Wednesday, December 9, 2015

Bike Taxi: The next commuter/transportation revolution in India?

Prologue: I landed at Bangalore airport and had an urgent meeting at Hosur Road scheduled in next 2 hours. And I get to experience the infamous Bangalore traffic and arrived at the meeting venue only after 3 hours (all thanks to major traffic junctions such as Hebbal, Manyata Tech Park, KR Puram, Marathalli, Silk Board etc). I lose a major deal and the effort of my visit to Bangalore was nullified. 

The above situation is not only a reality for Bangalore, but for almost all metropolitan cities in India. While the taxi hailing apps have found tremendous acceptance, a gap is yet to be filled. Even though cabs provide the luxury of being chauffer driven and carrying luggage around; time is something that it can't substitute.As a resident of Bangalore, I can very confidently say that 'Two wheelers are the fastest mode of transportation in the city'. The age of Bikes being used as commercial taxi is now here. There is definitely a latent need and has yet to be realized by service providers in the sub-continent.  

Bikes as Taxis are already well-accepted in Goa (driven by men called pilots) and many developing countries worldwide. Its extensive usage has been seen in highly congested cities like Jakarta in Indonesia and in many cities of Japan and Vietnam. Find here the terminologies used for bike taxis in various parts of world:
Terminology for Bike Taxis worldwide
Indonesia can be cited as the most suitable where bike taxis have flourished and start-ups providing the service have grown multifold. The best example for flourishing bike taxi startup can be Go-Jek and GrabBike. Both combined already have over 80,000 registered bike taxi riders in South East Asia! 
Bike Taxis seen at a junction in Bangkok (identified by Orange Vests worn by the drivers)
Image Source- Scooters Bangkok Nana by Khaosaming

Why Bike Taxi can work in India -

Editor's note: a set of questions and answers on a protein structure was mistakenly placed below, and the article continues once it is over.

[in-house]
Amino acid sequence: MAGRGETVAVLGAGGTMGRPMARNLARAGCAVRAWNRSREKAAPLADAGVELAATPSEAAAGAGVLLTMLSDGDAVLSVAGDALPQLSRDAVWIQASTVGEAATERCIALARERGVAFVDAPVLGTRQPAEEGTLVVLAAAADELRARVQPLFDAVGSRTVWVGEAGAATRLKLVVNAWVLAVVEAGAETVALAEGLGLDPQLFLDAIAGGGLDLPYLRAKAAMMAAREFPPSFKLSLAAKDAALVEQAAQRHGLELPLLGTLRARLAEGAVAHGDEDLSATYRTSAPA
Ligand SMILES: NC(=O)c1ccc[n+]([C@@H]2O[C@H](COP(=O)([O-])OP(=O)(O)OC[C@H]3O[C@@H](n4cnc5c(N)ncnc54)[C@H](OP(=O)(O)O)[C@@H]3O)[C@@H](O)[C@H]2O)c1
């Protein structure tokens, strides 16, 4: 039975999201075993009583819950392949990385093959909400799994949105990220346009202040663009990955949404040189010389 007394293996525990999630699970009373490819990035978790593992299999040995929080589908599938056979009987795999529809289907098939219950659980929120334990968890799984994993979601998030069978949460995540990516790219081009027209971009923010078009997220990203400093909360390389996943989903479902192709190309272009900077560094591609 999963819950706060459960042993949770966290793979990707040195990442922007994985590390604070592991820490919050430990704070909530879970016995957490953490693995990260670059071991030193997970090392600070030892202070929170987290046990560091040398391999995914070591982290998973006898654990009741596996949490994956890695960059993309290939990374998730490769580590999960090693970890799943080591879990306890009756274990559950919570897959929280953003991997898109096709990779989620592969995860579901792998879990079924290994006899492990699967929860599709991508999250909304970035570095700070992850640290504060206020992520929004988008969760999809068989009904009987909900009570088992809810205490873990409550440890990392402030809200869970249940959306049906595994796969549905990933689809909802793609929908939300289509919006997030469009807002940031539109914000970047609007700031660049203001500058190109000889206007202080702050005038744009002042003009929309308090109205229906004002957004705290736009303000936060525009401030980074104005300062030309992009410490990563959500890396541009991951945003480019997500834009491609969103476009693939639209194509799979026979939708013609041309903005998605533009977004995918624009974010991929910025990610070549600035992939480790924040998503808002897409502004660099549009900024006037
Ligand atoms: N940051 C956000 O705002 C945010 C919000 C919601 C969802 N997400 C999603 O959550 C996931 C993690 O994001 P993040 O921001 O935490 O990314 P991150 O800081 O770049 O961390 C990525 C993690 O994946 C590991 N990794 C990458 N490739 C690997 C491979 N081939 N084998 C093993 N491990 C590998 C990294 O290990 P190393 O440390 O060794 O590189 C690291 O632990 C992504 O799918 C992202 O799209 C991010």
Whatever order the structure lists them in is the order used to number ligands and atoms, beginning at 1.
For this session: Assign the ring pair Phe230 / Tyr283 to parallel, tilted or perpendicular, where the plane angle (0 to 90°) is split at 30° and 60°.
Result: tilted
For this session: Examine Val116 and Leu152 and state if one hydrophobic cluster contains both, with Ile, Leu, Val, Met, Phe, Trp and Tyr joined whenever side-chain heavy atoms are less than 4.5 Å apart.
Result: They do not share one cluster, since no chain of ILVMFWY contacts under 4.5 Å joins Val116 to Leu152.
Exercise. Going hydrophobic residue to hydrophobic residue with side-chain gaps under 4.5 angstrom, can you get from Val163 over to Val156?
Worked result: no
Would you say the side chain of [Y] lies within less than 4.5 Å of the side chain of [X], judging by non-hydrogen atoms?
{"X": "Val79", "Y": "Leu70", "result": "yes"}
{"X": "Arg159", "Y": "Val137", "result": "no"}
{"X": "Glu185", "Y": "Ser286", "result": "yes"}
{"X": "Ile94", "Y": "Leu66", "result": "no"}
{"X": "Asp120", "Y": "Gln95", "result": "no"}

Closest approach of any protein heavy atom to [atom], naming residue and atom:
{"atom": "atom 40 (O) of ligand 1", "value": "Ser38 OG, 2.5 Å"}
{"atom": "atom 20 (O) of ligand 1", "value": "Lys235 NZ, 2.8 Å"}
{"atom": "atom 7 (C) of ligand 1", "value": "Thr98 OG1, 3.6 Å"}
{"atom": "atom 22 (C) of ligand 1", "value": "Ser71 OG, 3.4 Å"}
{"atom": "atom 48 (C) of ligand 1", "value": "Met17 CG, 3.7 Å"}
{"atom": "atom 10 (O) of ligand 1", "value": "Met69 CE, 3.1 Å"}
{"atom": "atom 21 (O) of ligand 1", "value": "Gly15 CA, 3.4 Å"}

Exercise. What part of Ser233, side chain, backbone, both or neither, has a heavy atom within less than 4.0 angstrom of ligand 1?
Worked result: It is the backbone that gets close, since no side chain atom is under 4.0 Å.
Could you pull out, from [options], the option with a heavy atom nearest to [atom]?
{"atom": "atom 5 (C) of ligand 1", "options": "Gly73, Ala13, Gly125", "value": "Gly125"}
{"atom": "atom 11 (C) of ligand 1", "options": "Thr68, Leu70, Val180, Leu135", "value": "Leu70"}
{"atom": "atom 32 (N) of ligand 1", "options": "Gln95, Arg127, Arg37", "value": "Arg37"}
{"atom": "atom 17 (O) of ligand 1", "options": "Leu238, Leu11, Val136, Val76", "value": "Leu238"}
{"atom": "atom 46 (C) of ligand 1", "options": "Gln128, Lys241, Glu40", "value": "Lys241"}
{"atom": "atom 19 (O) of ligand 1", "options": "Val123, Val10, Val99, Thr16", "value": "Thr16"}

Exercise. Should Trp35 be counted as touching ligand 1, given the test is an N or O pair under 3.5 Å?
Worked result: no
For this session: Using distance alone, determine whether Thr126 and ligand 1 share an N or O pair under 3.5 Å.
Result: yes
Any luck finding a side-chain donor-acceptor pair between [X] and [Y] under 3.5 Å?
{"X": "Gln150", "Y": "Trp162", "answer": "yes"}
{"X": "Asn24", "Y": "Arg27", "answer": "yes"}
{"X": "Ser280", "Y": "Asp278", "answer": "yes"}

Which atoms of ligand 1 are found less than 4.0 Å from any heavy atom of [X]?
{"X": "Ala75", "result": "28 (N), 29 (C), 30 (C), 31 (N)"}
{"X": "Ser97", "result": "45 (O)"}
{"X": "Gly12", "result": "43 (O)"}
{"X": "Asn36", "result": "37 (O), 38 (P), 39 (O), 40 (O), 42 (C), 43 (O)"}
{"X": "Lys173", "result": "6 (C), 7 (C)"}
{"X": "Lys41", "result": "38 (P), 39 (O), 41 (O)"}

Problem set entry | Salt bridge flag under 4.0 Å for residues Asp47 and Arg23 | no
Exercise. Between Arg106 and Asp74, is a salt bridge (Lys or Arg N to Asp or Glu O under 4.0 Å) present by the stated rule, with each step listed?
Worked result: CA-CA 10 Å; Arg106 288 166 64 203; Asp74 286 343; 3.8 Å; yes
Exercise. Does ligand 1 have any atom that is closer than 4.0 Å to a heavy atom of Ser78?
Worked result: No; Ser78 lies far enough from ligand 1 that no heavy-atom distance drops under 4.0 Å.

• Time-saver : Yes, Time is one of the most important factor in today's transportation!
  • Last mile connectivity: There is no place that can't be reached in a 2-wheeler. 
  • Chauffer-driven Bike: Can save you from the hassles of riding in strenuous traffic conditions.
  • Pocket Friendly: Obviously, the critical factor and let's see the comparison with a traditional 4-wheeler taxi -

One would save over Rs.130 on a 10km travel in a Bike Taxi vis-a-vis a cab ride. PS: The Bike Taxi fares are calculated using the fares announced by recently formed Indian startup named Baxi. While similar startups are seeded in Delhi/NCR, the current Motor Vehicles Act is not encouraging similar businesses at other cities. With minor amendments in the Act, we expect the trend to catch the fancy of the Indian traveler and predict multi-fold growth in the acceptance of service. 

Challenges for Bike Taxi in India:
  • Motor Vehicle Act: Lack of licensing pushed companies such as "Bikees" and "HeyTaxi" to reconsider their business operations.
  • Safety Concern: The biggest challenge to the passengers will be safety considering Indian road/driving conditions are not favorable to bikers and exposure to rains/sunlight/wind is also there. (However, in developed nations, safety measures such as mandatory helmets, airbag vests, etc are being used for pillion riders.)
  • 3-wheelers / Autos: Auto Rickshaws already claim to provide the benefits of low-cost transportation and seems to be a safer alternative to bikes. 
Current Players in the market -
Source: ET
We at Management Punditz think that Baxi and M-Taxi have taken steps in the right direction and expect radical evolution in the way people would commute in Bike Taxis. Will they be as disruptive as Olas and Ubers? - only time will tell. 

4 comments:

Unknown said...

The concept definitely makes sense but there is an urgent need to design and develop a target 2 wheeled Vehicle for the use of a Taxi to counter the safety issues else the bikes will be confined to only slow moving traffic applications.

Shrinidhi Hande said...

They are very popular in Goa.. will be useful in other cities also

Manoj Maheshwari said...

HeyTaxi is operational in Mumbai and Bengaluru , piloting the need for such a service in Indian cities.

SIV said...

One more challenge - most of Indian women wont feel comfortable when the pilot is a man.

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